New article on online learning ecologies with Susan Carter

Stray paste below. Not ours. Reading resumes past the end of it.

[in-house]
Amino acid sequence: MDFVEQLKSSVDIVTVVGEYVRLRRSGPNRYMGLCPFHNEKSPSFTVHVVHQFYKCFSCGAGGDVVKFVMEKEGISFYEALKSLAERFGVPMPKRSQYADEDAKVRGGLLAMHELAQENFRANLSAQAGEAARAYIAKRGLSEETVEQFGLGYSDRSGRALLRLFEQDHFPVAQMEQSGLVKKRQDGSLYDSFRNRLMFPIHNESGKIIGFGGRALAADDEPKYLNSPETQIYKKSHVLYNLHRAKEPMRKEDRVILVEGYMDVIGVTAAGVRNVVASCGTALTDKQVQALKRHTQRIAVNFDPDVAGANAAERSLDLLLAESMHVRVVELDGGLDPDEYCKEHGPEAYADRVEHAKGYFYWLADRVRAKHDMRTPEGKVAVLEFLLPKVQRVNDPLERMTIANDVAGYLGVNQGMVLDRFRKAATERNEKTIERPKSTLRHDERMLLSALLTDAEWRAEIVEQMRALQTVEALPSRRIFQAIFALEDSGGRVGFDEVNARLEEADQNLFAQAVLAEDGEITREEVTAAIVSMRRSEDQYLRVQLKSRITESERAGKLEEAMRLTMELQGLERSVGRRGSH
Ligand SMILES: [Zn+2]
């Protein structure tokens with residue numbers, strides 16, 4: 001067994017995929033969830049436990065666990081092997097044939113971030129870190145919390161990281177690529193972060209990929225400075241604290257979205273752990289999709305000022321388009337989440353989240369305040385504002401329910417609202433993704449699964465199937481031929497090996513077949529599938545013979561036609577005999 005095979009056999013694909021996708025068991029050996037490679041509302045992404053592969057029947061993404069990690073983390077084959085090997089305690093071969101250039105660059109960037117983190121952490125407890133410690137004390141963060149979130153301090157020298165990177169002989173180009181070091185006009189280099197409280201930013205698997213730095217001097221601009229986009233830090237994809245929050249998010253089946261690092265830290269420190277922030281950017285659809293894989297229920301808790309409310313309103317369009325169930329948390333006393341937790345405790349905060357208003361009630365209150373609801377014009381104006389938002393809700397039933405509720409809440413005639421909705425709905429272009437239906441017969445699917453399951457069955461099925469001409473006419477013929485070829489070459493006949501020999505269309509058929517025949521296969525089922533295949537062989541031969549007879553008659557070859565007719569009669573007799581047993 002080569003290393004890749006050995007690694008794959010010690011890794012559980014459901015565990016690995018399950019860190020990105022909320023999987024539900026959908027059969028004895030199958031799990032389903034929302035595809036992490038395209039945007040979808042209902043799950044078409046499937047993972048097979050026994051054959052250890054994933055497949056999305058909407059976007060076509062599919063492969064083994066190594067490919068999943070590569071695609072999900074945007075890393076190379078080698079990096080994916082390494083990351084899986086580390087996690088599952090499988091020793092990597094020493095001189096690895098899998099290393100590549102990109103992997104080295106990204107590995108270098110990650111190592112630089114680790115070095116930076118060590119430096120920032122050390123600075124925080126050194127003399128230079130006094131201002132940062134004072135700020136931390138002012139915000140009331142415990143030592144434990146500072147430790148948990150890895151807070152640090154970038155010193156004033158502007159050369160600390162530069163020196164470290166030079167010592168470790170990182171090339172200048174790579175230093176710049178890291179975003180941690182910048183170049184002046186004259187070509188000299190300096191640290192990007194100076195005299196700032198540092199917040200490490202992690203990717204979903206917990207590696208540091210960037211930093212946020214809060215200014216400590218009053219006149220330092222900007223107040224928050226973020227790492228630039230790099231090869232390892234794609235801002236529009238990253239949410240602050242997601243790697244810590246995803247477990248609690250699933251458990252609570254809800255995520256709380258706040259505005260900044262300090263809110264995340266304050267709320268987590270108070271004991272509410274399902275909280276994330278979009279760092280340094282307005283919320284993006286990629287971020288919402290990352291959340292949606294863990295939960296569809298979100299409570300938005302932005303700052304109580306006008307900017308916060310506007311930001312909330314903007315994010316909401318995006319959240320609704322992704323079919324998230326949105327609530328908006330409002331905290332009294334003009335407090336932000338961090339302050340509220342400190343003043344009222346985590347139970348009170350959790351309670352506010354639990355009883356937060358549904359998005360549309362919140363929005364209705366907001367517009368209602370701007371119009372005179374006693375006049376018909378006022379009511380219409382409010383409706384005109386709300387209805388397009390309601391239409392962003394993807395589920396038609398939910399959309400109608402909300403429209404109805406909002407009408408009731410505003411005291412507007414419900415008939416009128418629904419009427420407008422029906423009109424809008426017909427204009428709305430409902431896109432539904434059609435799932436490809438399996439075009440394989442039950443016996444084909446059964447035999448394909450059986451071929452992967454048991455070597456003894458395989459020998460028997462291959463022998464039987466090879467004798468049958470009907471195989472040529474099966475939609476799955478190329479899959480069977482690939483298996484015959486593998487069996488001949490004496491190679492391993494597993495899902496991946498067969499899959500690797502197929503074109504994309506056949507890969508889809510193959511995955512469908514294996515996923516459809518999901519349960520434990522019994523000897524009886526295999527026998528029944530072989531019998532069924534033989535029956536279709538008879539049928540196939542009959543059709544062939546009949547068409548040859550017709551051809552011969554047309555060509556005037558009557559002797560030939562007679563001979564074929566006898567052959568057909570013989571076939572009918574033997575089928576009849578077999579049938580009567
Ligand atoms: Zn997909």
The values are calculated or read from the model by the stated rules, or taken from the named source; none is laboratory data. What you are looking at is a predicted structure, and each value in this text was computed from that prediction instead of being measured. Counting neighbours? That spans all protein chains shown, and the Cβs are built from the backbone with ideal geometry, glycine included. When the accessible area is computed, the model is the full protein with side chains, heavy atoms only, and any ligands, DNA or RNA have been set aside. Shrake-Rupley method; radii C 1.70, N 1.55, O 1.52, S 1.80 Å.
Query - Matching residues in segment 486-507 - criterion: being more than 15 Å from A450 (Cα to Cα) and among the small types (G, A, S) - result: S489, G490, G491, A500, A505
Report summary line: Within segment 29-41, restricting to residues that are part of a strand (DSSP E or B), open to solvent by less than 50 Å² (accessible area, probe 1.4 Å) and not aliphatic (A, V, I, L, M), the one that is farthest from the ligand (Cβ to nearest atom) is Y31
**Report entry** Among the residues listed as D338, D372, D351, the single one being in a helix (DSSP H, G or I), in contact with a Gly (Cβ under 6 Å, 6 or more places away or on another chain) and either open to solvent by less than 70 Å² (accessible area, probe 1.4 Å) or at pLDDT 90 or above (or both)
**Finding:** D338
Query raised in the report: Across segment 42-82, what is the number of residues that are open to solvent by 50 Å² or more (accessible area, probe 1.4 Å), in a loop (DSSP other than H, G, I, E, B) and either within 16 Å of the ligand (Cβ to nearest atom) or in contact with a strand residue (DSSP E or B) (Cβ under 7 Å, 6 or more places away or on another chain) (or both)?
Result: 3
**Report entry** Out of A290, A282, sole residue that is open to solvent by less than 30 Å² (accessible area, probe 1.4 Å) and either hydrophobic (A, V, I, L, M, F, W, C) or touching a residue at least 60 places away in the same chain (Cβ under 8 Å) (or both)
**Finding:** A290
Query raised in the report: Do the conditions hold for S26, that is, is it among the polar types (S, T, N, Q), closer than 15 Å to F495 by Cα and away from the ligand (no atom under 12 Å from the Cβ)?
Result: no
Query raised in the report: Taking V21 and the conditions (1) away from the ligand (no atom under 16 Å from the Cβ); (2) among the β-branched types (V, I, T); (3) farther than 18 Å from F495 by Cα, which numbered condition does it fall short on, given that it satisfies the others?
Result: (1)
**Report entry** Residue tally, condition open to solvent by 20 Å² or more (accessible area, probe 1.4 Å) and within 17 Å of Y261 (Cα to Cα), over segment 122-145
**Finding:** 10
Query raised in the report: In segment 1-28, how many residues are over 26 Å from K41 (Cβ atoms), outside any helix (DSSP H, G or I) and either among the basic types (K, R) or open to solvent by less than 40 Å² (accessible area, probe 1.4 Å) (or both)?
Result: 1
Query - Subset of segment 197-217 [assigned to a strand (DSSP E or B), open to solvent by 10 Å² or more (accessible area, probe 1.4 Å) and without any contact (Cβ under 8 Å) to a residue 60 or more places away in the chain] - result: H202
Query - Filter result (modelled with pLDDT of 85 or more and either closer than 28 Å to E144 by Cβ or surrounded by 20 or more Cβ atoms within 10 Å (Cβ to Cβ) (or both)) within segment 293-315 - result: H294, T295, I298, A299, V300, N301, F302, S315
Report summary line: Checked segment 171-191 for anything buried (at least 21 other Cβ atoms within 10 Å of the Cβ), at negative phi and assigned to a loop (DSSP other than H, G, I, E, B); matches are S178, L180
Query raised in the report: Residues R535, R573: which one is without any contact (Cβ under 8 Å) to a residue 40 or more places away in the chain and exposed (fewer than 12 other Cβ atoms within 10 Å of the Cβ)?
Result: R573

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E-learning is not just a learning and teaching innovation; it also signals a shift in human cognition and communication. The lexicon of e-learning borrows from the barren lexicon of information science: of users, usage and usability, or of information-seeking and affordances. Deep e-learning requires a more fecund idiom, a new myth: of the digital agora, an e-learning ‘trading zone’. Here we reflect on the process of shaping an electronic version of our generic doctoral skills sessions, during which it occurred to us that, to match the benefits of interactivity in face-to-face teaching and learning and to be transformative of academic subjectivity, e-learning must be truly performative, rather than merely informative; e-learners (and e-teachers too) must enact the skills they hope to learn (or teach).

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